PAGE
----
Wednesday, 13 July 2016

Leaving Port, Mevagissey, 5am

Pastel on Pastelmat, 19 x 24.25 inches

I painted this one from a high viewpoint, looking down on the harbour wall at Mevagissey, with a lone fisherman on his way out to make his catch. The light breaking through the clouds was spectacular, and I did my best to capture that fleeting light effect of the light on the sea, this time with the soft Pastel medium.

Pastel lends itself to making lots of little marks as the subject might require, as it did here in the bottom half of the picture. The gentle swell of the sea provided gorgeous stripes of grey and pink as the light reflected off the water.  Placing myself so that the lighthouse punctuated the lightest part of the sea, directly below the break of yellow light in the cloud offered the best composition I felt, and I think it's worked out alright.

Now onto more Pastels...

Thursday, 7 July 2016

Harbour Lights, Mevagissey

Oil on Board, 11 x 16 inches

Another Oil for the RSMA exhibition, but why, oh why, did I elect to do this subject on such a small panel?  What was I thinking of? It is one of the most complicated paintings I've done, with an AWFUL lot of fiddly detail and a seemingly infinite number of colour changes and subtle shifts of tone. 

It was the beautiful half-light one encounters when the sun goes down, and when the shop and restaurant lights appear so much brighter, that drew me to the subject and to tackle it in paint. Those lovely yellow and orange reflections in the water were irresistible and I had to make sure that all the relative tones were dark enough, to give those light reflections the right impact. The red buoys also take on a glow in the evening, so there is a LOT of local colour in the painting.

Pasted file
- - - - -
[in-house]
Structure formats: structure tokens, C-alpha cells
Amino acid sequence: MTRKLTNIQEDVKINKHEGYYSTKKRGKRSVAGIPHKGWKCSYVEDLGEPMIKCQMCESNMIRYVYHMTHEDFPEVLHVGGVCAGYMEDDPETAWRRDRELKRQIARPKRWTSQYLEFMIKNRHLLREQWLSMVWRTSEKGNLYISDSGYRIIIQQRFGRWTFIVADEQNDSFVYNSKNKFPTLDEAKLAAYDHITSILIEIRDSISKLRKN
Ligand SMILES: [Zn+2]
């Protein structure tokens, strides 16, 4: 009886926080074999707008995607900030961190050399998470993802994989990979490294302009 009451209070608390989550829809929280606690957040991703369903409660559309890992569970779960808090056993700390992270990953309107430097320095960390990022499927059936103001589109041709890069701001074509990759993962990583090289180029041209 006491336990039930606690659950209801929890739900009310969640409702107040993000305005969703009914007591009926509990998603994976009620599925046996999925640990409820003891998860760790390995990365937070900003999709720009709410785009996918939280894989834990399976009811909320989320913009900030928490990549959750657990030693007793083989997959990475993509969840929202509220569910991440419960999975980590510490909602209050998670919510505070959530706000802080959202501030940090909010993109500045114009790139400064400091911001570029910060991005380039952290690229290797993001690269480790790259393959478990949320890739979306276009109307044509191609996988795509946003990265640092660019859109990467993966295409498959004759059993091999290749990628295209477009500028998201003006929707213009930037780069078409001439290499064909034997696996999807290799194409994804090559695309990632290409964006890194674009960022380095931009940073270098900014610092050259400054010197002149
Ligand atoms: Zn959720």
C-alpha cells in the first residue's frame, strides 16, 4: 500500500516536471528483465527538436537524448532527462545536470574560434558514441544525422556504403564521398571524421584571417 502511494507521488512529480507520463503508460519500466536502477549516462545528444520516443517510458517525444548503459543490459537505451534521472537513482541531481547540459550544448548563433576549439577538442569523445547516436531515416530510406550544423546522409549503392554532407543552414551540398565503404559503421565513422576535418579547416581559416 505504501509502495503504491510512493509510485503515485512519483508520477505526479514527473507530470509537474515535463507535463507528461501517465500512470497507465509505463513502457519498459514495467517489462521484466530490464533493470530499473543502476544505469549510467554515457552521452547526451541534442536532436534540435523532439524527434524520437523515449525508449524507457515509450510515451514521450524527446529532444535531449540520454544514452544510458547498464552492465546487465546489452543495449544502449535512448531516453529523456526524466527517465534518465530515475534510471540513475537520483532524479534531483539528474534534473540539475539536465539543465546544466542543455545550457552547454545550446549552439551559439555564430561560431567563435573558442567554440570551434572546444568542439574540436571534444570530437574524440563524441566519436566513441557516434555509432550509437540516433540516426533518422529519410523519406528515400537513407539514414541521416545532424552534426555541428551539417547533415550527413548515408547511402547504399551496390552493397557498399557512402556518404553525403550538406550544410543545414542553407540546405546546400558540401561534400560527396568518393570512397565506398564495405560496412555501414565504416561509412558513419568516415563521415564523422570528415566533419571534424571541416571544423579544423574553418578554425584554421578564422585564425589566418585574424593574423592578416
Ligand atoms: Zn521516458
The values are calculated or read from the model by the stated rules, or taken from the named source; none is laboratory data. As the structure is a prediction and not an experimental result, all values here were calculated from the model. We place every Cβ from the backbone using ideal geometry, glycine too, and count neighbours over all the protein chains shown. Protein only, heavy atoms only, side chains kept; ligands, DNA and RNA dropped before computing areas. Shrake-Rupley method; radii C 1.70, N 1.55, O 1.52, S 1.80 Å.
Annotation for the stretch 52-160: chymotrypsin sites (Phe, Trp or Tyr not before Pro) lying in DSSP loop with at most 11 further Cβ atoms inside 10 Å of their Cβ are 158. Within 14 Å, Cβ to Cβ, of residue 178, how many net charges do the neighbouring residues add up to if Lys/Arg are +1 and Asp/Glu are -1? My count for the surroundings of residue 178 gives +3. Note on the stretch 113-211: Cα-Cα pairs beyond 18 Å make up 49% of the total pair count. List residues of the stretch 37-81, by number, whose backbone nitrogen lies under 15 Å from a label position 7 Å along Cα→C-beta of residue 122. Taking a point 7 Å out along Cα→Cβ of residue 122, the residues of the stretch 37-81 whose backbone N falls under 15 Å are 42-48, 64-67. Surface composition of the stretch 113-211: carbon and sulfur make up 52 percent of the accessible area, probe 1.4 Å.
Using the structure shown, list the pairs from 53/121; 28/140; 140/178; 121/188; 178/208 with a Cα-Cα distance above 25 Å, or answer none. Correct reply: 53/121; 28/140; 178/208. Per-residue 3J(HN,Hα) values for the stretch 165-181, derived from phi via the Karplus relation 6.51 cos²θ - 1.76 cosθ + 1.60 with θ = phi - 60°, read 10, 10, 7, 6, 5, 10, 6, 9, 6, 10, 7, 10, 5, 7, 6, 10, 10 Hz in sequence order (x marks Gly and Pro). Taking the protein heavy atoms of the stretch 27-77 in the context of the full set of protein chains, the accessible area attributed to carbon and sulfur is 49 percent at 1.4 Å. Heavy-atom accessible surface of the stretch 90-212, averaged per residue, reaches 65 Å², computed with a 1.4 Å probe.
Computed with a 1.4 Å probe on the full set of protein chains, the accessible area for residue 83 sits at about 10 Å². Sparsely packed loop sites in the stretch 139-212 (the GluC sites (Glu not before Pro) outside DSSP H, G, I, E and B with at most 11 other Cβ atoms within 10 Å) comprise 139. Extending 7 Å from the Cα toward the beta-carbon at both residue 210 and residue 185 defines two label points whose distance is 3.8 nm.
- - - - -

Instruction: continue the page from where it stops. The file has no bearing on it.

Saturday, 2 July 2016

Frosty Shoreline at Eyebrook

Oil on Board, 14 x 20 inches

This is a commissioned painting of Eye Brook and the Eyebrook Reservoir in Rutland, in its Winter garb. Actually, painting frost is one of my favourite subjects, especially this one, with lots of tufty grass tussocks, and really lends itself to the Oil medium using my decorator's brush - muted colours, using my usual three yellow, red and blue culprits, with the addition of a little Viridian here and there, and plenty of Titanium White of course.  The Swan and the few ducks lend a little life to the serene scene

Friday, 1 July 2016

Surf and Turf

Oil on Board, 9 x 16 inches

Lovely jagged cliff shape here at Mawgan Porth, set against the late afternoon sky with gorgeous reflections in the wet sand was the inspiration for this one. I opted for a panoramic shape for the composition so as to concentrate the eye on the cliff and piercing yellow sky in the lower portion of it.

All done with four colours, there was a surprising amount of colour - I loved the Viridian in the crashing breakers and the resulting white surf - just perfect!